In the United States (US), three trade associations representing renewable electricity producers have announced the launch of the RFS Power Coalition. The coalition’s purpose is to get the Environment Protection Agency (EPA) to implement a law passed by Congress in 2007 which mandates the inclusion of qualifying renewable electricity in the Renewable Fuel Standard (RFS). The three associations – Biomass Power Association (BPA), American Biogas Council (ABC) and Energy Recovery Council (ERC) represent, respectively, domestic biomass power producers who use organic fuels like forest residues, biogas-to-electricity producers like dairy farmers and wastewater treatment facilities, and waste-to-energy producers.
In the United States (US), advanced renewable fuels and biochemicals company Aemetis Inc. has announced that it has initiated the permitting and construction phase of its multi-dairy renewable biomethane digester cluster. In July 2018, the California Department of Food & Agriculture (CDFA) awarded two matching grants for a total of US$3 million to build biomethane digesters at the first two dairies in the Aemetis Biogas project. The CDFA grant program provides California state funding support for dairy digester projects to reduce methane emissions, decrease air pollution, improve the environment and lower carbon emissions. In addition to the on-dairy covered lagoon digesters, Aemetis plans to construct a local pipeline designed to connect about a dozen dairies to the Aemetis biorefinery in Keyes, California, then clean the biomethane for use in ethanol production or for powering compressed renewable natural gas (RNG) vehicles.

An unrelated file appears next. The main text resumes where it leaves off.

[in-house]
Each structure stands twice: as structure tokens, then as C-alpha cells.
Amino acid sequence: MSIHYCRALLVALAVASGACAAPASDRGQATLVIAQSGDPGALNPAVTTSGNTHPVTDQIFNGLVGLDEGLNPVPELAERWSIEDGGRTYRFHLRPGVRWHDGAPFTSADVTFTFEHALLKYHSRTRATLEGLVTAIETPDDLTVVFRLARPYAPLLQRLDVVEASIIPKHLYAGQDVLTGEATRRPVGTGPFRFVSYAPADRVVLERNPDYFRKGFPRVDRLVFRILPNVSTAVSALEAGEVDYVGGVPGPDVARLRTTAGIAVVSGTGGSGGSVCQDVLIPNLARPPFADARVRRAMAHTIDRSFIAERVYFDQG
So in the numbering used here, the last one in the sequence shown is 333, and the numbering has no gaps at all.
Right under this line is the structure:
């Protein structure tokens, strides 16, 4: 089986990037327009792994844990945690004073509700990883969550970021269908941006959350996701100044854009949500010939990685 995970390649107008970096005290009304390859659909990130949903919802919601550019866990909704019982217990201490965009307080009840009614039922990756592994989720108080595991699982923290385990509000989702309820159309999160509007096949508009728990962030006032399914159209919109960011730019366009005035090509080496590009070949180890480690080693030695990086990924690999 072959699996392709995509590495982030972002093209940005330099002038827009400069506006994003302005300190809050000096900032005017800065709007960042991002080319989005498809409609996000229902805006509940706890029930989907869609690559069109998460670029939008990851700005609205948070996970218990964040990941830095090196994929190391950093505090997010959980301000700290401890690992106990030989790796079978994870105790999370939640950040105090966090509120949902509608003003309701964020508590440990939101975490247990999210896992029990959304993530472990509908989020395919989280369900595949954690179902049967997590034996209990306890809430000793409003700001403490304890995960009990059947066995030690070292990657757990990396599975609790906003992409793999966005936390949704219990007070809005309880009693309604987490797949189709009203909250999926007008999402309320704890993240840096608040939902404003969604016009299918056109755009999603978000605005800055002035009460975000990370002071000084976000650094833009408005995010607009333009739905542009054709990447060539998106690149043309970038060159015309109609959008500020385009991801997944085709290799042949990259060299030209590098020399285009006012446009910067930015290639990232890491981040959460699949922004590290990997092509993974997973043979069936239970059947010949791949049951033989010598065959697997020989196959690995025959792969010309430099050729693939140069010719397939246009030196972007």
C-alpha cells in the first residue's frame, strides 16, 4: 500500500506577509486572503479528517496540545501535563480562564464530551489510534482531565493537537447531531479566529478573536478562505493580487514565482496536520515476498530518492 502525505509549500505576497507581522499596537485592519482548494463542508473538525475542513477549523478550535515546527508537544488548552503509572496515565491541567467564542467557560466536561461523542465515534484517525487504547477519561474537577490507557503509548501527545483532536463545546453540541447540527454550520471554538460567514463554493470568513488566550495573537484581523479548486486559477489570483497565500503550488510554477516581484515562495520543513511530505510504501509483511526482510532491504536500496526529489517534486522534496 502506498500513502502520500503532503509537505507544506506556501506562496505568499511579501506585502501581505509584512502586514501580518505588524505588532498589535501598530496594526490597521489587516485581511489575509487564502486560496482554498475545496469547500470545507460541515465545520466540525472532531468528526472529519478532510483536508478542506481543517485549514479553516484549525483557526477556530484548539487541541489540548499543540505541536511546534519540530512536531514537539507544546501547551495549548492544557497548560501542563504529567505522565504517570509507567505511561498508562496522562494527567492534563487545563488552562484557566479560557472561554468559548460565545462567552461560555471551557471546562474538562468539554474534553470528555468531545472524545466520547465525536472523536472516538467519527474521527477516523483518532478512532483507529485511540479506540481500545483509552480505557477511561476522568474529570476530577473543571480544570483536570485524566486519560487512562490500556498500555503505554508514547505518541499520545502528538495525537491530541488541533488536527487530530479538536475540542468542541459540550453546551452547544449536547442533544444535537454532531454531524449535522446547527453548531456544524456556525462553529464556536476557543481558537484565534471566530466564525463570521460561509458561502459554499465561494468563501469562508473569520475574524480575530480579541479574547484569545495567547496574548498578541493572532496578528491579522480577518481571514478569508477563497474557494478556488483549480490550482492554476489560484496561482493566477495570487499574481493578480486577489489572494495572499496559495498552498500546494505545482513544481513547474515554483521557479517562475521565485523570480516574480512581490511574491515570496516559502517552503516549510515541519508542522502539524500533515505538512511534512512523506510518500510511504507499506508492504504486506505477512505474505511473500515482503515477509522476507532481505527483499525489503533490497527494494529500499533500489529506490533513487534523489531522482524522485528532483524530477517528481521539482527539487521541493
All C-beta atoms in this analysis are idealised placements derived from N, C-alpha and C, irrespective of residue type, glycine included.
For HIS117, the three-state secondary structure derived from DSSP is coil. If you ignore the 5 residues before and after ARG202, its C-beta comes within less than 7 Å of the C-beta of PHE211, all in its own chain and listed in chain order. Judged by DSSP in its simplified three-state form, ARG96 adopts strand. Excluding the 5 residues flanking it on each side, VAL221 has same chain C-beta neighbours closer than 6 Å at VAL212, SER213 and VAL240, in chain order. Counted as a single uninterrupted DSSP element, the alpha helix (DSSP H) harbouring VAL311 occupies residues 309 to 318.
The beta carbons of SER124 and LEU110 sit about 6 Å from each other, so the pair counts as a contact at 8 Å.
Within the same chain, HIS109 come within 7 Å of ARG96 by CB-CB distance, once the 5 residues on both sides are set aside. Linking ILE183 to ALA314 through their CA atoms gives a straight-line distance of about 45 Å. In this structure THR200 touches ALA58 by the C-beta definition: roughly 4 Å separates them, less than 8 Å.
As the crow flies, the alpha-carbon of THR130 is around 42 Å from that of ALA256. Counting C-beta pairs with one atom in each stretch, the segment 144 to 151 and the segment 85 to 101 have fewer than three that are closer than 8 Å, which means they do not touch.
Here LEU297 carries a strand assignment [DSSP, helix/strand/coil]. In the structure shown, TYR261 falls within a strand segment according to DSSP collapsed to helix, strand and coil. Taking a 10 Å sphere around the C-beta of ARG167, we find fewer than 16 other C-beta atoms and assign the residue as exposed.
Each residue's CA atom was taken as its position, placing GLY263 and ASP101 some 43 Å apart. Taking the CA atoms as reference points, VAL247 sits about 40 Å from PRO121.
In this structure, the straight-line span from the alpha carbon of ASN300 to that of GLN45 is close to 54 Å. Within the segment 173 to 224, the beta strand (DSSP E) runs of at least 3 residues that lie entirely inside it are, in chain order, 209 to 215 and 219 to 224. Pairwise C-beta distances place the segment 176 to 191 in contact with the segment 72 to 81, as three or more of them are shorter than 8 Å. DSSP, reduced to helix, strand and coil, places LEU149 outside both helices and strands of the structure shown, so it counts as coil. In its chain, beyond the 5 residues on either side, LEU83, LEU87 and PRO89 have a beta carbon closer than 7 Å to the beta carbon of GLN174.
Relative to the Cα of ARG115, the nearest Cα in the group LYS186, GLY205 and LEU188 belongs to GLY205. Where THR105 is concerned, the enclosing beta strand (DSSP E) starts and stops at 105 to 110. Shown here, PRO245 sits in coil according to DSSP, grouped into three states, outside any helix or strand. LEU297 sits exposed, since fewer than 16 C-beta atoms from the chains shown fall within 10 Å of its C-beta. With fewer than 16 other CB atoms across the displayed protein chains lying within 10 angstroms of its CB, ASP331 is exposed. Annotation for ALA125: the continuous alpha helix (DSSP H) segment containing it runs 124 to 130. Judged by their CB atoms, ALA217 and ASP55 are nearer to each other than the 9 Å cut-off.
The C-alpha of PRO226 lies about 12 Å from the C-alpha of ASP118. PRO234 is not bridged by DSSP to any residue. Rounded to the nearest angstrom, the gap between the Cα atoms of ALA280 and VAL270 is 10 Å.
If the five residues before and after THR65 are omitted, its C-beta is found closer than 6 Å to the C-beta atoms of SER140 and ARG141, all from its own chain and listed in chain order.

A renewable biomethane power plant built in Utah is expected to produce enough power to fuel a city the size of Bountiful in the coming years. The facility, built by Wasatch Resource Recovery, will be able to successfully capture renewable energy from food waste in order to produce natural gas. Not only that, it is constructed to prevent methane, a very potent greenhouse gas, from being produced as a byproduct. According to a Wasatch Resource Recovery press release, that could mean the equivalent of taking more than 75,000 cars off the highway annually. Utilizing Anaerobic Digestion, Wasatch intends to divert food waste from landfills and convert it into usable natural gas fuel. Anaerobic digestion is a natural process in which microorganisms break down waste like animal manure, food scraps, and human sewage to create biogas and biosolids.